NEW DELHI: When one of the poster boys of TV news in India holds forth on the subject of news, it is worth a read even if one did not agree with the person on every point. And when that person is Prannoy Roy, the reading becomes that much more compelling.
“Almost by definition, the path to making profits for a news organization is littered with compromises that change the nature of journalism, often so that it can no longer be recognized as a news channel.
“In the quest for profits in the overcrowded market of news channels in India, several choices are possible and different channels have chosen different routes, but the greater the success with any one of these routes, the more the nature of news journalism changes,” says Roy in his chapter in a book about NDTV and 25 years of television journalism, aptly named More News is Good News. The chapter has been put up on NDTV’s website.
Pointing out that an easy option for TV news channels is to become tabloid-ish to gain eyeballs, Roy observes, “Virtually every single Hindi news channel in India today is grotesquely tabloid.”
“I recall what I think is the lowest point so far when one Hindi channel anchor twirled her hair with her forefinger, looked into the camera and said, 'Break ke baad aapko ek rape dikhayenge' (After the break we will show you a rape),” Royrecounts one of the many faux pas of TV news in India.
Though Roy feels that Indian media, especially TV news segment, has been much tabloid-ish --- an observation that will certainly raise heckles in various quarters --- he admits that it would be incorrect to put the full blame on Hindi news channels for this “grotesque” tabloidization.
Not that NDTV --- and Roy --- hasn’t faltered, but it has also attempted to stand up and protest against discriminations. For example, alleging discriminations, NDTV filed a case in the US against a global advertising behemoth that had an interest in a company doing audience measurement in India.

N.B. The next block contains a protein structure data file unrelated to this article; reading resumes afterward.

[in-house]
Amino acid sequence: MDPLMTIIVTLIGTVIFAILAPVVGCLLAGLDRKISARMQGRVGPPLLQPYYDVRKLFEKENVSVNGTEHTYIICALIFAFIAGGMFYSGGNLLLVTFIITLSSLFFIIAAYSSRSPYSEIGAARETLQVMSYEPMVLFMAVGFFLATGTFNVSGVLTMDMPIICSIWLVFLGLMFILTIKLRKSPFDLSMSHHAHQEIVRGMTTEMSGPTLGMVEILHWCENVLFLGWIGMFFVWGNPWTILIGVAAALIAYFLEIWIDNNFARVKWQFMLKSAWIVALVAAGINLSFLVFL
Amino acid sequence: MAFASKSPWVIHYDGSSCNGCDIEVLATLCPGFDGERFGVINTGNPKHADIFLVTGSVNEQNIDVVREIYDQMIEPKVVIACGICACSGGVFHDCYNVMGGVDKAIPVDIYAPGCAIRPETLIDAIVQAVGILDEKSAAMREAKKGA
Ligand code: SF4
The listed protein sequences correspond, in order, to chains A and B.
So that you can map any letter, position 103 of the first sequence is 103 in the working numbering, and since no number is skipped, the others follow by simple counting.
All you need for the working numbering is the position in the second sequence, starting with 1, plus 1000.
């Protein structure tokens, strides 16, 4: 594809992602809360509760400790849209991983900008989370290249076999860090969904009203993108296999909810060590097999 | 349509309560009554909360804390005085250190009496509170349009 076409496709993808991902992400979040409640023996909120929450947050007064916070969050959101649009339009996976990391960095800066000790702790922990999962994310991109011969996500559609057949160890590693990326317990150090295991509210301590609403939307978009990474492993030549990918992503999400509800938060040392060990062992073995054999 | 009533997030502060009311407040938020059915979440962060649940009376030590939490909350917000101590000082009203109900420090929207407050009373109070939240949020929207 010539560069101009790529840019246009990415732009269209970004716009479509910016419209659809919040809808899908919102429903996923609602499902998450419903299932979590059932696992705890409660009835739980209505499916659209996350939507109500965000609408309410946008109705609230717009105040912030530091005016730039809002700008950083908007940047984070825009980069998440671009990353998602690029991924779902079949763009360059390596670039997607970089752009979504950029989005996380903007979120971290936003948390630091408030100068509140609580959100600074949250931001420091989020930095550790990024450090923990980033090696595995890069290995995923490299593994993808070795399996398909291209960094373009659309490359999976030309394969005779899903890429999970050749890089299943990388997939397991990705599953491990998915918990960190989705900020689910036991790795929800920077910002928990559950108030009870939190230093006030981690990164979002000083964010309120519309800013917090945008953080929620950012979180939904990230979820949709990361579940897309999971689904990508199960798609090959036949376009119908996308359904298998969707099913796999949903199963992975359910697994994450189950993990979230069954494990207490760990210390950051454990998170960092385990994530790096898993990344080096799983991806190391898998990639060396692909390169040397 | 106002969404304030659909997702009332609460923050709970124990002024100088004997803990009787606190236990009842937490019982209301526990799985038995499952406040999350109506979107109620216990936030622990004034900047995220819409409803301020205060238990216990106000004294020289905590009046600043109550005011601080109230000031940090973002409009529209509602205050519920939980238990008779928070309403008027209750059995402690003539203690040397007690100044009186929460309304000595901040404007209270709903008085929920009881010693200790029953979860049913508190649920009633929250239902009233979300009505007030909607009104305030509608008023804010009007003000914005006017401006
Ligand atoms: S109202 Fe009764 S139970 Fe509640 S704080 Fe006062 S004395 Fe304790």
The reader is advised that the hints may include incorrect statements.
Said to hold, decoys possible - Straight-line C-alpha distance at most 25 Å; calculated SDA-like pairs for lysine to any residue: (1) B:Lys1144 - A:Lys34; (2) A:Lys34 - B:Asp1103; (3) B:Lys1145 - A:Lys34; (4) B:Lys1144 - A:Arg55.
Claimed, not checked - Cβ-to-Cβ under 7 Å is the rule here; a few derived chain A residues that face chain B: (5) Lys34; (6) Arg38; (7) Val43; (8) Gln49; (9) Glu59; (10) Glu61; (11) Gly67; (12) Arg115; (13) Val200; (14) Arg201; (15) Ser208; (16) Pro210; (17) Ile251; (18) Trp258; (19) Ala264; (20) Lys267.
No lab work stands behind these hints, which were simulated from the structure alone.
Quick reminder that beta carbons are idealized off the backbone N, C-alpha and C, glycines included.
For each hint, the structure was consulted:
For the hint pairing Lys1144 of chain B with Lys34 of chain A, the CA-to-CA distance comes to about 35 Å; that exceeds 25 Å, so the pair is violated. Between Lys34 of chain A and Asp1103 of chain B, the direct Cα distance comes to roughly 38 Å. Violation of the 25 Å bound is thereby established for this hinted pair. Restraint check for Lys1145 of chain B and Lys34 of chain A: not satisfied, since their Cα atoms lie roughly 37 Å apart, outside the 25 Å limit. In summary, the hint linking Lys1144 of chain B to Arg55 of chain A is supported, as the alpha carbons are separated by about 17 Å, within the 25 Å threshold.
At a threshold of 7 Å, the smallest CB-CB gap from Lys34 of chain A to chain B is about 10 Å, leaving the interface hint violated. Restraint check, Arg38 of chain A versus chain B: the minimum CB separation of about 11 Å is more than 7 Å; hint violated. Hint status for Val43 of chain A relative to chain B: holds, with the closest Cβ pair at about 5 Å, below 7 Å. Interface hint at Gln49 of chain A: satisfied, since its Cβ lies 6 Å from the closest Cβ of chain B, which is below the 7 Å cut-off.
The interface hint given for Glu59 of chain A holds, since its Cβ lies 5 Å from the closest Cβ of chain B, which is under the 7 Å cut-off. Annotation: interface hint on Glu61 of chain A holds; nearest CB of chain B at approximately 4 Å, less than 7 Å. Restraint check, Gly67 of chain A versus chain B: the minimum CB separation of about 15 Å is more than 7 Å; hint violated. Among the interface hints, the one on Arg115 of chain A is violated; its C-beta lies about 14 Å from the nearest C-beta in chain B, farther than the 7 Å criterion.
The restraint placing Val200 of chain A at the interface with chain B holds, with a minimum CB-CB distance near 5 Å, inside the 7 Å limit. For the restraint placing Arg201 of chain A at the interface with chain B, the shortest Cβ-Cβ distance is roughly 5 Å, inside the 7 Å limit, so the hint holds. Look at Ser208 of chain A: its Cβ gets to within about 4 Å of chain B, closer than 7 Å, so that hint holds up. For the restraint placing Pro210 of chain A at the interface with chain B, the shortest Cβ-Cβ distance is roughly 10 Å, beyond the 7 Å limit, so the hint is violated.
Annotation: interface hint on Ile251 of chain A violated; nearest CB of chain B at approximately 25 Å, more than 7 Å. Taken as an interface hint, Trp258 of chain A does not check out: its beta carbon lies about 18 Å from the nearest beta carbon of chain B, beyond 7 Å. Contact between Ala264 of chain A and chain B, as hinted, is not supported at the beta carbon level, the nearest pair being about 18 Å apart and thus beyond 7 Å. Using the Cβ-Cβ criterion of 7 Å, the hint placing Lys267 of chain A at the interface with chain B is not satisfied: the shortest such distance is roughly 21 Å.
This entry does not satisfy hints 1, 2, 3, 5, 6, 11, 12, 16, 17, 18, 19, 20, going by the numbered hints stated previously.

“Virtually every city in India has a 'ratings consultant' who, for a relatively small fee, will ensure higher ratings for any channel...In fact, Nielsen sent out their global head of security to India and, after a four-month elaborate investigation, he said, 'I have never seen as much corruption of the Nielsen system anywhere else in the world’,” Roy holds forth on an open secret on audience measurement in India’s media world till a few years back and before BARC came into existence.
What do such trends mean for journalism? Roy’s answer: “I don't need to state the obvious that going tabloid in the quest for profits changes the nature of the beast, destroying journalism...the only Hindi news channel in India that is not tabloid is NDTV India and I must also report that the channel is making a loss!”
Having held forth on tabloid journalism, TRP-fixing, `paid news’, blackmail and extortion, Roy is cautiously optimistic about the 'soft power' of media and its role in Indian democracy.
“As India's media has grown over the years, despite all the baggage, so far more news has been good news. So far we have seen the upside of unfettered journalism. But any strength taken too far becomes a weakness and our media appears to be hurtling towards its own regulatory cliff. It is at these critical moments that governments try to take control,” Royconcludes.